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The Courage to See

Cut Blindfold

By Jan Wood

I HAVE HAD GOD OPEN MY EYES to new awareness that led to change many times. In fact, I count on that grace in my life! Perhaps the most iconic opening came years ago…

My sense of myself at that time was that I was a generous, happy, nice person. I considered myself kind and compassionate. I was hurt and dismissive of any feedback that might challenge those notions. But one day God’s Spirit started moving in my mind and heart. While I went about the normal activities of my day, there was a profound inward experience unfolding. I was shown all the ways that my words, phrases, and jokes reflected a deep space of envy and bitterness inside of me. I could hear the phrases that popped out of my mouth without my hearing or examining them. This dredging up of thoughts, words and actions that I had been blind to continued throughout the day. I was horrified! How could I be that kind of person? It was around 4 o’clock in the afternoon when I finally blurted out in anguish to God, “Oh God, I don’t want to be this way!” And to my surprise that inward voice of God answered in such a gentle and kindly tone. “I know, Jan. That is why we are talking about it.” I melted into the kindness of God’s gentle forgiveness and healing. That kindness moved me from seeing and feeling guilty to authentic and joyful change in my being and in my relationships with others.

We are at this same kind of crossroads in our national, American life. No longer can we think that our national political life is separate from our spirit life of faithfulness. The political and spiritual are deeply and observably entwined. And in this moment, the Spirit has given us as Americans grace-filled moments to drop out inner illusions and see parts of ourselves as they are. Like me, the dominant culture has thought of ourselves as kind, generous, open hearted, basically good people. We knew that we weren’t perfect and that horrible things were lying in our history; but that wasn’t “us.” That was “them.” We could continue to wear our virtues as our “real” character and dismiss those horrors as footnotes in our national life.

Eddie Glaude, professor of Religion and African American Studies at Princeton University, recently said it this way.

“America is not unique in its sins as a country. We are not unique in our evils.… Where we might be singular is our refusal to acknowledge them—and the legends and myths we tell about our inherent goodness to hide and cover and conceal so we can maintain a kind of willful ignorance that protects our innocence.”

Or as God says through prophet Jeremiah:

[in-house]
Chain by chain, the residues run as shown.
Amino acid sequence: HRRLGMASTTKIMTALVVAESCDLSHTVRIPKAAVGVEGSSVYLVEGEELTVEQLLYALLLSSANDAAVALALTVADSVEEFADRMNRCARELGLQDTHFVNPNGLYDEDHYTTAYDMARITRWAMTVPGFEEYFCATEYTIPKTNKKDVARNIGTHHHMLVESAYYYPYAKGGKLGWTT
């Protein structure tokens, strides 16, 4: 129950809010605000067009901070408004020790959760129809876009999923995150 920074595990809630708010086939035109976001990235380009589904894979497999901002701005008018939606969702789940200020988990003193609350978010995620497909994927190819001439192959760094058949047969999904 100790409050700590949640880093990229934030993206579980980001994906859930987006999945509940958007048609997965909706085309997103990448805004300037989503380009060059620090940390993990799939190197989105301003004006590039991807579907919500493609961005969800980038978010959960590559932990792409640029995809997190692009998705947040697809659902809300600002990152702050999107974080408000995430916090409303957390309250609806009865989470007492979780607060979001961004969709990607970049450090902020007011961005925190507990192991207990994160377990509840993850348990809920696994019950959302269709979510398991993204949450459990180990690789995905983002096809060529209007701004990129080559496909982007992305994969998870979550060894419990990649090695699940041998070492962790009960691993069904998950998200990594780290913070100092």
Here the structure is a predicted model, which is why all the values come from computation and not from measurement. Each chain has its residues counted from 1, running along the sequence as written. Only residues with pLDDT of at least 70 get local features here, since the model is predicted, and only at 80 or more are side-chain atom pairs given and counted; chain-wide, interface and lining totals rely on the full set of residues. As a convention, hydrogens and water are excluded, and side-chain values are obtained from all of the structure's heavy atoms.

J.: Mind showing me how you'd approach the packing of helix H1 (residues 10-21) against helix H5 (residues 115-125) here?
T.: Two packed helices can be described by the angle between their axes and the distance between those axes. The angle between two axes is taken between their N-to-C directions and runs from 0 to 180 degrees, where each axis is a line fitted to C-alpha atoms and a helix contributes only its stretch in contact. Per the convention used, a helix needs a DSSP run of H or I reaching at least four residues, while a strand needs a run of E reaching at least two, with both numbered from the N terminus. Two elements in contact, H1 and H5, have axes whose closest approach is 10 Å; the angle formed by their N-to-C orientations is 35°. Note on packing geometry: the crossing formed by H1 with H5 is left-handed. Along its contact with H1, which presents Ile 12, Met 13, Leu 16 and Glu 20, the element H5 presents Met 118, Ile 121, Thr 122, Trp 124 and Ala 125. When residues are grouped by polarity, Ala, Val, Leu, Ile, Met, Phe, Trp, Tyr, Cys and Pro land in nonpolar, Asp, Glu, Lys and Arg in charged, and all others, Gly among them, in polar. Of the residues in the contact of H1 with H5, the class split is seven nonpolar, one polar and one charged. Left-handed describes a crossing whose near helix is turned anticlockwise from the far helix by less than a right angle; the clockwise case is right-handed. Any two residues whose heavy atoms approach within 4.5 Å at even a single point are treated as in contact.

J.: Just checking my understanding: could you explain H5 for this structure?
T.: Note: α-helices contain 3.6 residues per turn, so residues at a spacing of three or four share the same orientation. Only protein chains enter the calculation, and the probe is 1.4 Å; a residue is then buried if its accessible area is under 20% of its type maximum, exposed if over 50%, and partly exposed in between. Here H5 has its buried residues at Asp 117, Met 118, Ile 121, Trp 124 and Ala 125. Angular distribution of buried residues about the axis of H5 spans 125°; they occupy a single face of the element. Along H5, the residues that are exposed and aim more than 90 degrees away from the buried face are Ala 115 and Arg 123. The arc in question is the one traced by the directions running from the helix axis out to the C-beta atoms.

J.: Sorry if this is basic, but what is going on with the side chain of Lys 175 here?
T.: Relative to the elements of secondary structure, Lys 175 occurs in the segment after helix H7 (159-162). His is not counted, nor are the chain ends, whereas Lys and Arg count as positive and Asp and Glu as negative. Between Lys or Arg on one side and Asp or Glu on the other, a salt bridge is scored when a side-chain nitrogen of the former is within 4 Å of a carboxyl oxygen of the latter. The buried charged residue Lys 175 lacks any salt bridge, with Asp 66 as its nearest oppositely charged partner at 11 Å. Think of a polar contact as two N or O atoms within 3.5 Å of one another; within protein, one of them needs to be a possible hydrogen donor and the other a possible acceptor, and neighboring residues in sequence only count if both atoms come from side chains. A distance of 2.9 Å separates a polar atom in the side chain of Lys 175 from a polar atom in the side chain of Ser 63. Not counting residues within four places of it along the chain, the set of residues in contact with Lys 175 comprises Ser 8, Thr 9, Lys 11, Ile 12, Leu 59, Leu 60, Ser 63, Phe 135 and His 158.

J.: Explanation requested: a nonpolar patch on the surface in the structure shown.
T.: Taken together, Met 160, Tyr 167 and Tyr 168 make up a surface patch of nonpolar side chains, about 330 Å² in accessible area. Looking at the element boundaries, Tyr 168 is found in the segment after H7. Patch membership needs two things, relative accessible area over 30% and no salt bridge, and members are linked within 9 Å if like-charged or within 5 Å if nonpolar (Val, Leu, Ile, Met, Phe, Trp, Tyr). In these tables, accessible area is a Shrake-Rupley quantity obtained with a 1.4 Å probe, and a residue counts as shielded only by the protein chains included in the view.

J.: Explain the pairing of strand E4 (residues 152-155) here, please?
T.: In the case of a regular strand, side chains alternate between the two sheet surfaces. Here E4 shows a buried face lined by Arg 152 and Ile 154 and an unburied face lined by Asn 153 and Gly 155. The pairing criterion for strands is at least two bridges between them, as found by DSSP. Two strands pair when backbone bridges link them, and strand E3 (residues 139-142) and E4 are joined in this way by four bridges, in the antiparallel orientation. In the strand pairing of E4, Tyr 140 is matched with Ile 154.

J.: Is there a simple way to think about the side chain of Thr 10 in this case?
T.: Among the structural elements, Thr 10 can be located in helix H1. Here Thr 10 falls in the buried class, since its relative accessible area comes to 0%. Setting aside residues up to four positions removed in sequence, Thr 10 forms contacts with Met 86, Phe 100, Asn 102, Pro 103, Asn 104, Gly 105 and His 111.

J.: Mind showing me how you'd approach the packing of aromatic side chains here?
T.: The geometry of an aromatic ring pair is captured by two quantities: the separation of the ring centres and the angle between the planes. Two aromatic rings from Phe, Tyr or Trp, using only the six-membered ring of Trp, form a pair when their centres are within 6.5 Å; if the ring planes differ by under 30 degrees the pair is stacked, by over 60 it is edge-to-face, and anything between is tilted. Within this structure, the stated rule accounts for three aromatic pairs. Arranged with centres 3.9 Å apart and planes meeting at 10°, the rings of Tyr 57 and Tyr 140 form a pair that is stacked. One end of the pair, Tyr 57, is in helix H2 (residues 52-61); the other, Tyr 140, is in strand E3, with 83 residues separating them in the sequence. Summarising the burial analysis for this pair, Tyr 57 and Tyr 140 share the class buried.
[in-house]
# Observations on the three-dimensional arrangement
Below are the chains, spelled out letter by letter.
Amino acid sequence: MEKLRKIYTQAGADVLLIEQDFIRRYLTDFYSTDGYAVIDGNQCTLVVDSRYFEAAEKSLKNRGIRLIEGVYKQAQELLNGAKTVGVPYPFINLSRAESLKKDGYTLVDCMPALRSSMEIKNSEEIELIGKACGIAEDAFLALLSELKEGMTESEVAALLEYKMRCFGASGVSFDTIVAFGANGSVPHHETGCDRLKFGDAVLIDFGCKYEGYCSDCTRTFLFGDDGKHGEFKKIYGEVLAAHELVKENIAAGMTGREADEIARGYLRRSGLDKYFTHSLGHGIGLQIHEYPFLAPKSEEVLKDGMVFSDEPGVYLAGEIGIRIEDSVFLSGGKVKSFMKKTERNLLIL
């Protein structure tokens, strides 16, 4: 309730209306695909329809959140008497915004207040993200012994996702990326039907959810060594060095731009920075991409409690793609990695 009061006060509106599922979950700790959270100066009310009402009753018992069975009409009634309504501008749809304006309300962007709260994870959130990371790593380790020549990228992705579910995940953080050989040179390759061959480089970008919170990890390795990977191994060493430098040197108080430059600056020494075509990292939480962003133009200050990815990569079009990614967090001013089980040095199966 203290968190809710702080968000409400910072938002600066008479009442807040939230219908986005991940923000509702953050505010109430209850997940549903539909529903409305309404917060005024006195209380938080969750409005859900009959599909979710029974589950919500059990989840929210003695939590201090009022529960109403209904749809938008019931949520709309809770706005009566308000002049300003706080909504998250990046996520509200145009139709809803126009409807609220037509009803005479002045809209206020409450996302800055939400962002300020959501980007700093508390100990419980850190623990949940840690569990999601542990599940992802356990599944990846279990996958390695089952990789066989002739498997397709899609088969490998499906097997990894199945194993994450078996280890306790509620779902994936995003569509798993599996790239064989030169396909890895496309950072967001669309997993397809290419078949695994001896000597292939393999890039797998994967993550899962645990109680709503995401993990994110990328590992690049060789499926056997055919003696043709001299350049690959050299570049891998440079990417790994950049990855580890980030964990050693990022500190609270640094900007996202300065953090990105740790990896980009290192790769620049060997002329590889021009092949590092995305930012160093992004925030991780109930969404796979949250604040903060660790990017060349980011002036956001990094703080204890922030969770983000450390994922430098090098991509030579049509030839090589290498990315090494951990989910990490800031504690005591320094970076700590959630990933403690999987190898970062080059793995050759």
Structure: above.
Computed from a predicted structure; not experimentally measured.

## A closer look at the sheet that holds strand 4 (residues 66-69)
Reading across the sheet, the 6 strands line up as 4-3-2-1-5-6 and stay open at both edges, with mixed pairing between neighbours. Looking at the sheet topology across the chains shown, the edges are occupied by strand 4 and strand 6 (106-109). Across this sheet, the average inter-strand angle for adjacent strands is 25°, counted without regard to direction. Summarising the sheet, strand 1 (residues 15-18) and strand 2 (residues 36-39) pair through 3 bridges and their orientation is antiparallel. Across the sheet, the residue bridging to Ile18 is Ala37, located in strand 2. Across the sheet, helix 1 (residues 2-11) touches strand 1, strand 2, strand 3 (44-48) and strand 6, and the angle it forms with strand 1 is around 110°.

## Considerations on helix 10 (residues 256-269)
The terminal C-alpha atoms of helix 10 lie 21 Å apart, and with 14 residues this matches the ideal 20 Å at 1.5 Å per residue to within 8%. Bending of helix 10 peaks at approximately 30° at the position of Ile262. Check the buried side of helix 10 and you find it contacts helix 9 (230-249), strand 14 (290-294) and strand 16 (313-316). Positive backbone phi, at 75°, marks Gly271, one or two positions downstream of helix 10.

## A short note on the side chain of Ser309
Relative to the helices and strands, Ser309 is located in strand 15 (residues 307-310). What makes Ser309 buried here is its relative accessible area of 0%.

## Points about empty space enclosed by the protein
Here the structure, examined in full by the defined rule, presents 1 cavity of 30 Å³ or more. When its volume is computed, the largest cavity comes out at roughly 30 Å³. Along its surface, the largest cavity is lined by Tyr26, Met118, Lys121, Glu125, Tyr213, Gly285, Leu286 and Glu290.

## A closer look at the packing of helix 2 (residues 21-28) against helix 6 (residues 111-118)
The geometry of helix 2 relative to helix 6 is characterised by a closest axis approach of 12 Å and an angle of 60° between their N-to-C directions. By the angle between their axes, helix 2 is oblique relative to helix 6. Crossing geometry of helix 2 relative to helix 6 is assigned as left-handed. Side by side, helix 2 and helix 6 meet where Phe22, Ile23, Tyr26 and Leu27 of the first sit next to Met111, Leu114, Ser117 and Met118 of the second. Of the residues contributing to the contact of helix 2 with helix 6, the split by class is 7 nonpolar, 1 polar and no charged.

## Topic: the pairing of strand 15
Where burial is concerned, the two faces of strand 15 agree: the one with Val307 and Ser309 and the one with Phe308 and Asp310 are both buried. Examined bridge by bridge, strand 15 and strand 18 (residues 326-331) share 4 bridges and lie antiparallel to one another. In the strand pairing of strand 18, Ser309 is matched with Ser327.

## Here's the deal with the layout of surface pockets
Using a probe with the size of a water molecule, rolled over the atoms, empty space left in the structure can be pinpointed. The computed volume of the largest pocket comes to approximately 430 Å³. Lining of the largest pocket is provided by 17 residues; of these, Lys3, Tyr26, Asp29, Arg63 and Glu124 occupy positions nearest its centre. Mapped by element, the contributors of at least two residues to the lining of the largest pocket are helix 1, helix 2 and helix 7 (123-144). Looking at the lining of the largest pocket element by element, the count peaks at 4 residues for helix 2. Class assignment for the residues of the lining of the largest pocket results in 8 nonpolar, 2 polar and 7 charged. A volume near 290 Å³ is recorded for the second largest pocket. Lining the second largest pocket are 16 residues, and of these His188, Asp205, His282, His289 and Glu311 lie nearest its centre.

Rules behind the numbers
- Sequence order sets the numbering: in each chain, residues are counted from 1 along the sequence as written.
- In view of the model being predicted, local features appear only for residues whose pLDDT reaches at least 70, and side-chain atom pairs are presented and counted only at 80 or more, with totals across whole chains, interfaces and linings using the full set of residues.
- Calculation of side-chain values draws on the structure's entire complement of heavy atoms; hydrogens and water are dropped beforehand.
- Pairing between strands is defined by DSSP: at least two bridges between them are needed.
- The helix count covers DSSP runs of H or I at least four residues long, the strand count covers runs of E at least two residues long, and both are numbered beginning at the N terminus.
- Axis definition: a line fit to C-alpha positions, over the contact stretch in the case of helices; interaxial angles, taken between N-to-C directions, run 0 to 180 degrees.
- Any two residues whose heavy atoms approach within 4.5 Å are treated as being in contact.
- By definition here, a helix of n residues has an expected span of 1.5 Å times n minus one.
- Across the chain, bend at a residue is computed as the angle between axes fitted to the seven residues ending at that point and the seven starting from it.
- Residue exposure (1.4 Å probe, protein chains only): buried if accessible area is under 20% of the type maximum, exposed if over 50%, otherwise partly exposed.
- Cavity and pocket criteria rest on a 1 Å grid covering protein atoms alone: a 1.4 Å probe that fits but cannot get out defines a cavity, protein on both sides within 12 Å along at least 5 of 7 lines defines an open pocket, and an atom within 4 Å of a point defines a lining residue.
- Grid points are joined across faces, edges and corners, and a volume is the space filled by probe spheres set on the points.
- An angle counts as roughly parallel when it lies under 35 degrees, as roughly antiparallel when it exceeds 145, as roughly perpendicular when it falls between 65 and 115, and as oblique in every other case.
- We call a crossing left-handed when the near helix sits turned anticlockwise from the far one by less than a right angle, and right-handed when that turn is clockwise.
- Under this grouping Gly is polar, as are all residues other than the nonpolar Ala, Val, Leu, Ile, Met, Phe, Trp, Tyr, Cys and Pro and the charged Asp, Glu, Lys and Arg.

“But I, God, search the heart and examine the mind.
I get to the heart of the human. I get to the root of things.
I treat them as they really are, not as they pretend to be.”
—Jeremiah 17:10, The Message

The grace in this moment is that the sinful underbelly of our American culture and experience is strutting across our consciousness every day. It is not hidden. It is not disguised. Like my day of seeing my own deep wells of envy and bitterness, we have the gift of being able to see that which has been submerged. Of having the blindness lifted off our eyes. And in this, we have history altering choices to make. Do we willfully shut our eyes and prop up the myriad of mechanisms we use to stay innocent? Or do we, like me that day years ago, cry out in anguish:

“Oh, God, we don’t want to be this way!” “We want hearts that are authentically shaping to the radical inclusiveness of Jesus’ life, teaching, and the explosive world changing power of that inclusion made real at Pentecost.”

“Oh God, forgive the hidden parts in me that have wittingly or unwittingly cooperated with racism, unmerited privilege that crowds out and disadvantages the other, innumerable violences from the mundane to the unspeakable, the disconnection and disrespect for God’s beloved creation of this earth, the idolatry of being willing to sacrifice all—and excuse all—on the altar of economic security, the glorification of ourselves and our needs at the expense of all others.”

“Oh God, on behalf of my people, I ask forgiveness for those who cannot yet see and speak it for themselves.”

We, in the community of faith, have a unique gift to give to these times. We are the ones who experientially know that power of seeing, repenting and finding new ways forward together. We are the people of repentance. We have a personal and corporate task of having the courage to drop our blind spots, face the whole of our national experience, repent of that which is at such variance with God’s amazing grace, generous inclusion and care for all peoples. We have the sturdiness to listen past the anger and pain into genuine relationships of respect and collaboration. We know that power of repentance to illuminate ways to transform the broken into something new. We know the power of forgiveness that sets us free from cycles of blame, guilt and defensiveness. We know that forgiveness opens the door to new possibilities and paths of energy and creativity.

We, the community of faith, hold in our hands the courage to see and the heart to repent for ourselves and our nation.

Let us be faithful.